Feds: Base plot suspect threatens FBI

Published on June 19, 2007, The Associated Press

Category: Islamic Terror in Kosovo

By GEOFF MULVIHILL Associated Press Writer

MOUNT LAUREL, N.J. — Drawings found in the prison cell of a man suspected of plotting to attack Fort Dix suggest that he wants to seek revenge against FBI agents and should remain in custody, prosecutors said Monday.

The drawings — include one with the letters "FBI" and a gun pointing to them — are another reason that Agron Abdullahu should not be released from custody as he awaits trial, the U.S. Attorney's Office said in legal documents filed Monday.

Abdullahu seemed to be thinking about "seeking revenge against the FBI agents who caused him to be imprisoned in the first place," they wrote. "Releasing Abdullahu now would not only endanger the community at large, but also the agents who investigated this case."

Guards at the Federal Detention Center in Philadelphia found the FBI drawing and another in the one-person cell where Abdullahu is being held.

The other drawing was of the phrase — "Rainca Kosava UCK." Prosecutors contend that it refers to the Kosovo Liberation Army, which they say has links to some terrorist groups. Authorities said Abdullahu admitted to drawing the graffiti and explained that "Rainca" was the town where he was born.

The government said the drawings were etched with the screw from a light switch plate onto the door of Abdullahu's cell.

Abdullahu was arrested, along with five other men on May 7.

The other five were accused of conspiring to kill soldiers — a crime punishable by life in prison. Abdullahu, a 24-year-old baker, was charged with providing guns to illegal aliens, punishable by up to 10 years in prison.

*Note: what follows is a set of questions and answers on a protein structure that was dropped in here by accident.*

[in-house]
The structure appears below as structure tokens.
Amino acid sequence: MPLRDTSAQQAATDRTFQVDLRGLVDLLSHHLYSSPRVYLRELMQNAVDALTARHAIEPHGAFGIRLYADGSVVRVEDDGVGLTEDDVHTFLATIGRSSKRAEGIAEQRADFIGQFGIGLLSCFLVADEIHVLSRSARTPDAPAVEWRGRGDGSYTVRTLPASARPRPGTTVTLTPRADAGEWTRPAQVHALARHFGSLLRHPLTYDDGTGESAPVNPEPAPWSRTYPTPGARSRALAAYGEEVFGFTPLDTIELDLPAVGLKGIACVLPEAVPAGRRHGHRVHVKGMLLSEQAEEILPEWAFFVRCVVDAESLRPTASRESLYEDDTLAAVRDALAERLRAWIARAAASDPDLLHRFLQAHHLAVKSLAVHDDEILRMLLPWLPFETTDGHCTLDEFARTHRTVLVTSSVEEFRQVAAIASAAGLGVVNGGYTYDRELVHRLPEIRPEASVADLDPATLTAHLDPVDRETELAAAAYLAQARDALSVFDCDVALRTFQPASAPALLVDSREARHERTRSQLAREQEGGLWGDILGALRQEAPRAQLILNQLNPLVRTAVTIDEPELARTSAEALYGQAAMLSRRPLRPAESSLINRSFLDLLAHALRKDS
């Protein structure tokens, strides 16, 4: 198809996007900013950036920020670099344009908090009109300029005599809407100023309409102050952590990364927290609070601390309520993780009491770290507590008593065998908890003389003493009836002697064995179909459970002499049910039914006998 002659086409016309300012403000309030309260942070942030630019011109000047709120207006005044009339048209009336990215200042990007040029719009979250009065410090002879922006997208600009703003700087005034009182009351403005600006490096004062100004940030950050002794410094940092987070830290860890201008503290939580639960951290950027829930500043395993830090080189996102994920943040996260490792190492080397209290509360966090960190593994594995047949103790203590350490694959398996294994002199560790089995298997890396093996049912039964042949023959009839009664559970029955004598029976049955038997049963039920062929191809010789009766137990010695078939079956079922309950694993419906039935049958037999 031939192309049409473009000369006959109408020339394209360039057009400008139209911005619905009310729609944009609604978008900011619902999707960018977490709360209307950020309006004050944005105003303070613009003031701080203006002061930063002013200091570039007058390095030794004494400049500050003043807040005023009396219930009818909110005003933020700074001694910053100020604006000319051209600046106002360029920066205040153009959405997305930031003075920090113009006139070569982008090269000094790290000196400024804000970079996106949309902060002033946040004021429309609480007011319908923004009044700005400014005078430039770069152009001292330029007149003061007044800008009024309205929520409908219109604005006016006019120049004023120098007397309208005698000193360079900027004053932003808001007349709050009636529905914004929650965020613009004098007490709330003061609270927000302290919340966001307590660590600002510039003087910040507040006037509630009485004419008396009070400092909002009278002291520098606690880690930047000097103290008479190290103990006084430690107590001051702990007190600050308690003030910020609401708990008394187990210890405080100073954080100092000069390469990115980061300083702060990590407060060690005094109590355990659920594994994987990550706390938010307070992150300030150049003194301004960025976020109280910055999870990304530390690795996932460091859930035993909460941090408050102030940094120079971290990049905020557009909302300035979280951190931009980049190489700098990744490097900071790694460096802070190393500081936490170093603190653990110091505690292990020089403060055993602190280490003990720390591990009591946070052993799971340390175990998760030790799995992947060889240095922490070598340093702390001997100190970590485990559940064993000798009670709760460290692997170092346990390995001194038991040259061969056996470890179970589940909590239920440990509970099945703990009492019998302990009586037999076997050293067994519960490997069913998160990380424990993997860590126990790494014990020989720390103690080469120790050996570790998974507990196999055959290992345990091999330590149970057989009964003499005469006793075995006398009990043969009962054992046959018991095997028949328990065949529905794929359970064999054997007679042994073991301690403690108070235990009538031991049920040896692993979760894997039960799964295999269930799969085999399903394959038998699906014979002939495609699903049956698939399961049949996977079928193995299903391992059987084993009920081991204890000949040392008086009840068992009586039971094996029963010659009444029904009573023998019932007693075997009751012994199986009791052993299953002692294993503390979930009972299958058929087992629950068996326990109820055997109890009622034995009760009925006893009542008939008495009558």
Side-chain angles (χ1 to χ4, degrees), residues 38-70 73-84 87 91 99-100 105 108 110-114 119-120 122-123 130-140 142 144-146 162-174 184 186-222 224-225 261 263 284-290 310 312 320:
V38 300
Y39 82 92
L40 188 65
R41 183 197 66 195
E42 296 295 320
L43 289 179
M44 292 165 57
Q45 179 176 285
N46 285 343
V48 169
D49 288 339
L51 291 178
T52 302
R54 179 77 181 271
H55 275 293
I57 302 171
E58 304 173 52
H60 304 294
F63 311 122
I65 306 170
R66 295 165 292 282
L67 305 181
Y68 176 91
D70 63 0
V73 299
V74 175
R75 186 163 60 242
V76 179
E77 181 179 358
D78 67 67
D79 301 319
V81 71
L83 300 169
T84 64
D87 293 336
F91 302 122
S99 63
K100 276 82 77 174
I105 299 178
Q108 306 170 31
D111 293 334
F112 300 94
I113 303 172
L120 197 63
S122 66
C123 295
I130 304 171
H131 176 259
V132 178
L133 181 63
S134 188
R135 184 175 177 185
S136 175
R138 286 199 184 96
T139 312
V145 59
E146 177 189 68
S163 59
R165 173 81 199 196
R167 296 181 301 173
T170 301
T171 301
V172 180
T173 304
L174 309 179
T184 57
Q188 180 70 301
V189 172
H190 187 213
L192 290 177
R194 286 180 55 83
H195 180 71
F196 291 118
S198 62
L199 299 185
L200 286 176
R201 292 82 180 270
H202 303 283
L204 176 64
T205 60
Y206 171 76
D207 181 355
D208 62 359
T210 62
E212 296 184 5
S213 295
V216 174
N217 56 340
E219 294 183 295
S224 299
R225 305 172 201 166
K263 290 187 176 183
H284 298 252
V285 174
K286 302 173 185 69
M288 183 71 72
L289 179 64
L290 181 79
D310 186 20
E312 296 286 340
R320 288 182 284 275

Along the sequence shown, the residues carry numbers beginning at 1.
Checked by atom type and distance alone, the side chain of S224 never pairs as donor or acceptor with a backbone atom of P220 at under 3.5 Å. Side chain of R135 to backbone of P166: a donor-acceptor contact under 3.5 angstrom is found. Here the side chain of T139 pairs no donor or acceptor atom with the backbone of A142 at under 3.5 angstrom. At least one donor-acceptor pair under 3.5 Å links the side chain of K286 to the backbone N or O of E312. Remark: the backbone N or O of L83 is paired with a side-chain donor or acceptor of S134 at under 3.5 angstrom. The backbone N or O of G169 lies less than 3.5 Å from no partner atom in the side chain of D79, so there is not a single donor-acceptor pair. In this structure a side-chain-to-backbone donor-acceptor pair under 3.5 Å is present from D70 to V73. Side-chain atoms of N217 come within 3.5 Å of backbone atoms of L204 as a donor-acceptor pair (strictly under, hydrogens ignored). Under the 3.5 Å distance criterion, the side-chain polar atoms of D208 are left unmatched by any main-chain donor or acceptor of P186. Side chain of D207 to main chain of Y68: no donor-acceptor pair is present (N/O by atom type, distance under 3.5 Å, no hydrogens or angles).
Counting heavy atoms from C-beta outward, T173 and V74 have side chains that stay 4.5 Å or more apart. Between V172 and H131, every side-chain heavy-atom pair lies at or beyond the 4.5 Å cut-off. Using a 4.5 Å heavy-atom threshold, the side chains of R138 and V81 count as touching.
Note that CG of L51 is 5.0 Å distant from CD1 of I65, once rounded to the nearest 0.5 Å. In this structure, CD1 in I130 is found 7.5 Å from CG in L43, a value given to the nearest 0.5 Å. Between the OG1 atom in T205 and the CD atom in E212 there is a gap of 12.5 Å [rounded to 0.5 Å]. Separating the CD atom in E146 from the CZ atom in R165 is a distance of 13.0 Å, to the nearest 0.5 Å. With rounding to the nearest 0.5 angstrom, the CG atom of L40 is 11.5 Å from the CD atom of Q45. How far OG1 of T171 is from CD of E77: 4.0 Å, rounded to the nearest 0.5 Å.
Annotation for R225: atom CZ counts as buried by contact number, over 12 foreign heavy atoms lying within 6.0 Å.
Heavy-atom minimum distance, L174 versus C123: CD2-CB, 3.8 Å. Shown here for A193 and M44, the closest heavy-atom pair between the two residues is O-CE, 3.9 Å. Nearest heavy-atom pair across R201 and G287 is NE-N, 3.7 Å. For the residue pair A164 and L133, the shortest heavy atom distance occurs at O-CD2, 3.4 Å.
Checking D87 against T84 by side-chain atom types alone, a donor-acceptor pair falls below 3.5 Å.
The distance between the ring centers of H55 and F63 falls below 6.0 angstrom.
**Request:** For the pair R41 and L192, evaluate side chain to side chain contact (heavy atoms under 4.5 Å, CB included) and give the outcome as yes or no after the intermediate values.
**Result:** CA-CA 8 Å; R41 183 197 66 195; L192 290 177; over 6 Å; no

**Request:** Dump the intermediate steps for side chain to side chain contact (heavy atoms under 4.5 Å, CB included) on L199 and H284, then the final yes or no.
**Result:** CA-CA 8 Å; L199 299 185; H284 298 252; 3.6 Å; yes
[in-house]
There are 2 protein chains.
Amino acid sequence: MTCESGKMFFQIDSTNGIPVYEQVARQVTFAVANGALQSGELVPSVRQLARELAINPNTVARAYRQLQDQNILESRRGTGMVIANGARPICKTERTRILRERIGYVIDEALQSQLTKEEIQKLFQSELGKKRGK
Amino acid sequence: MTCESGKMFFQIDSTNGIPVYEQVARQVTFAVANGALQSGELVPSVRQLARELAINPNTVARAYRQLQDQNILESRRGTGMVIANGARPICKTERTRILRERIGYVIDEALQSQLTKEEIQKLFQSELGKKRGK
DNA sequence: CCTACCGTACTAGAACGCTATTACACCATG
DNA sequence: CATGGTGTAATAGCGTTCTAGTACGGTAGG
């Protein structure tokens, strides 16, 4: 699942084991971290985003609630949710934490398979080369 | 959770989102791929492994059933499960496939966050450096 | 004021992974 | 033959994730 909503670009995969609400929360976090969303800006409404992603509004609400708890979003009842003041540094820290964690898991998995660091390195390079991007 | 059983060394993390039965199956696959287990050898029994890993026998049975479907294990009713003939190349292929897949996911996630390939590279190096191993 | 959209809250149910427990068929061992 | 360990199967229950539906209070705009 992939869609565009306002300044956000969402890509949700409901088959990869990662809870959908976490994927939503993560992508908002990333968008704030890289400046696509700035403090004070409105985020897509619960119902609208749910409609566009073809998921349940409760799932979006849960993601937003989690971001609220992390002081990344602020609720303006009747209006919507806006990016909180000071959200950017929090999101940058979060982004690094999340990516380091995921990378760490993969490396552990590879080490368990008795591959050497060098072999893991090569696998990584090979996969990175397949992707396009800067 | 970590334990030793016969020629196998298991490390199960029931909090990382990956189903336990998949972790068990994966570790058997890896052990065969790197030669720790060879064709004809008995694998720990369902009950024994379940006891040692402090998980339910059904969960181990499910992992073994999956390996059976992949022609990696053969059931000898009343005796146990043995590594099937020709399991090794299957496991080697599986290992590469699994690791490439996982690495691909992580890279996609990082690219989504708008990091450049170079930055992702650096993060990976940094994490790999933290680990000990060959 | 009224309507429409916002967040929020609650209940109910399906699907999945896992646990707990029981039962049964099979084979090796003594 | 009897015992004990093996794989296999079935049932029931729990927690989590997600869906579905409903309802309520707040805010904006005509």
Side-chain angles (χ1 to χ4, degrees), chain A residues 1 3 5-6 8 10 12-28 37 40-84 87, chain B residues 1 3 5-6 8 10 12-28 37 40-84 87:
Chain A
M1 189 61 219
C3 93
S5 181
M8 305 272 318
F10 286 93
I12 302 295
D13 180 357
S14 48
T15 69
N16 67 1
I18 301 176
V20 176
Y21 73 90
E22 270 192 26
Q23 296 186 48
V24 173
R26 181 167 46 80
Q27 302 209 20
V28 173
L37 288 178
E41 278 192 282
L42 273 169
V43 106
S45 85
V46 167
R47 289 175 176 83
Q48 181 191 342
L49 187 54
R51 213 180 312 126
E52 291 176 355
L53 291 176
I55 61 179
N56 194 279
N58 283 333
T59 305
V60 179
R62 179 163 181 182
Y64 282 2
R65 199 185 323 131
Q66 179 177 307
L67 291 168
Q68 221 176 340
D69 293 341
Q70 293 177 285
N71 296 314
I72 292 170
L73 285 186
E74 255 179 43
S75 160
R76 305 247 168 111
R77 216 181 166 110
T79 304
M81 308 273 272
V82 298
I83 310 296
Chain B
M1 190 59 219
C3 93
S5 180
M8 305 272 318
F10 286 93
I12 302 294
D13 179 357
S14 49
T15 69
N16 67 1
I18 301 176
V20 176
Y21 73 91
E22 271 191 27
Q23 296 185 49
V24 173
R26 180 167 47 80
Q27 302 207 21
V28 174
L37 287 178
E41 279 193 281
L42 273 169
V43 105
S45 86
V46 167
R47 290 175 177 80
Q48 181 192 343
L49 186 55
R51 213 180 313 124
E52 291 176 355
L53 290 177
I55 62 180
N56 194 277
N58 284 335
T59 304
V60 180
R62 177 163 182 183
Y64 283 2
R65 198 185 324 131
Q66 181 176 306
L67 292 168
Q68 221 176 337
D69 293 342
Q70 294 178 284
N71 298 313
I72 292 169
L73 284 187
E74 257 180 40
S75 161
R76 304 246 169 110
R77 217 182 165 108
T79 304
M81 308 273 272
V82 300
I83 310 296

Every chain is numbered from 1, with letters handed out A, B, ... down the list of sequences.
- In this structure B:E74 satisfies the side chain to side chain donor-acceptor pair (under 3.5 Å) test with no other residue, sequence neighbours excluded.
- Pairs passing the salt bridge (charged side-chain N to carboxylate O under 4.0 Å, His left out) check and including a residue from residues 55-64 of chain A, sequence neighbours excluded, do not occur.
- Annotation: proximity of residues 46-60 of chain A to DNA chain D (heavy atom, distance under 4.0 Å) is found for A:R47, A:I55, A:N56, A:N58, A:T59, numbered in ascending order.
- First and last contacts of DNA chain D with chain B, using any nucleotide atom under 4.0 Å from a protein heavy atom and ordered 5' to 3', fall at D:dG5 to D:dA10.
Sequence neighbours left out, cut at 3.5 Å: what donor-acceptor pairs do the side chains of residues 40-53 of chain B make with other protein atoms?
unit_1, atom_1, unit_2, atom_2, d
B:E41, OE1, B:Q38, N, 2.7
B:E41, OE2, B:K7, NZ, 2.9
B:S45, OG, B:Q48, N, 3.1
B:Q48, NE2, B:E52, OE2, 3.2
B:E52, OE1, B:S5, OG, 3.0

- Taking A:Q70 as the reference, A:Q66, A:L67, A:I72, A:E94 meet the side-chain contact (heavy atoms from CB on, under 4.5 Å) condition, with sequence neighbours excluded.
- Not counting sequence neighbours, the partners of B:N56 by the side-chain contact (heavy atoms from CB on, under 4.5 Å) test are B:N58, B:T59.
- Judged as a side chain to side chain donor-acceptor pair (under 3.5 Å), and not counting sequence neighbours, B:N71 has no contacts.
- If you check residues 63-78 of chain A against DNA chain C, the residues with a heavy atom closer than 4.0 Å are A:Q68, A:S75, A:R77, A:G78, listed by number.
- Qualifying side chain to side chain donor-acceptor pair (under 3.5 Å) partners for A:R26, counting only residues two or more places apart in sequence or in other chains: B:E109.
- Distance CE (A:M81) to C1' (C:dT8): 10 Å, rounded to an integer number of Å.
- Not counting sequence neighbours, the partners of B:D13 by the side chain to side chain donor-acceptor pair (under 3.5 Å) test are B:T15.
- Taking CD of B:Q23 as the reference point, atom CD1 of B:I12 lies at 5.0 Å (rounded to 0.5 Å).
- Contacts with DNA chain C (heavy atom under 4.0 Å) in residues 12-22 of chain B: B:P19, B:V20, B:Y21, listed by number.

Like three of the other suspects, he is an ethnic Albanian who was born in the former Yugoslavia. He arrived in the United States as a teenager in 1999 after leaving war-torn Kosovo and being airlifted from neighboring Macedonia.

The federal public defender representing him, Lisa Evans Lewis, argued last month that he should be freed on bail because he has a responsibility to his parents and younger sisters and because he was not willing to go along with a plot to kill soldiers.

In an unusual move, Abdullahu himself testified at the bail hearing. At one point, he told the judge: "I would never do anything to harm this country."

Federal Magistrate Joel Schneider rejected those arguments, and tearful pleas from his family. Schneider said he would rule on an appeal this week.

The drawings were found more than a week after the initial denial of bail.

Lewis, who generally does not speak to reporters, did not return an after-hours call to her office. Greg Reinert, a spokesman for the U.S. Attorney's Office, said his office would not elaborate on the government filing.

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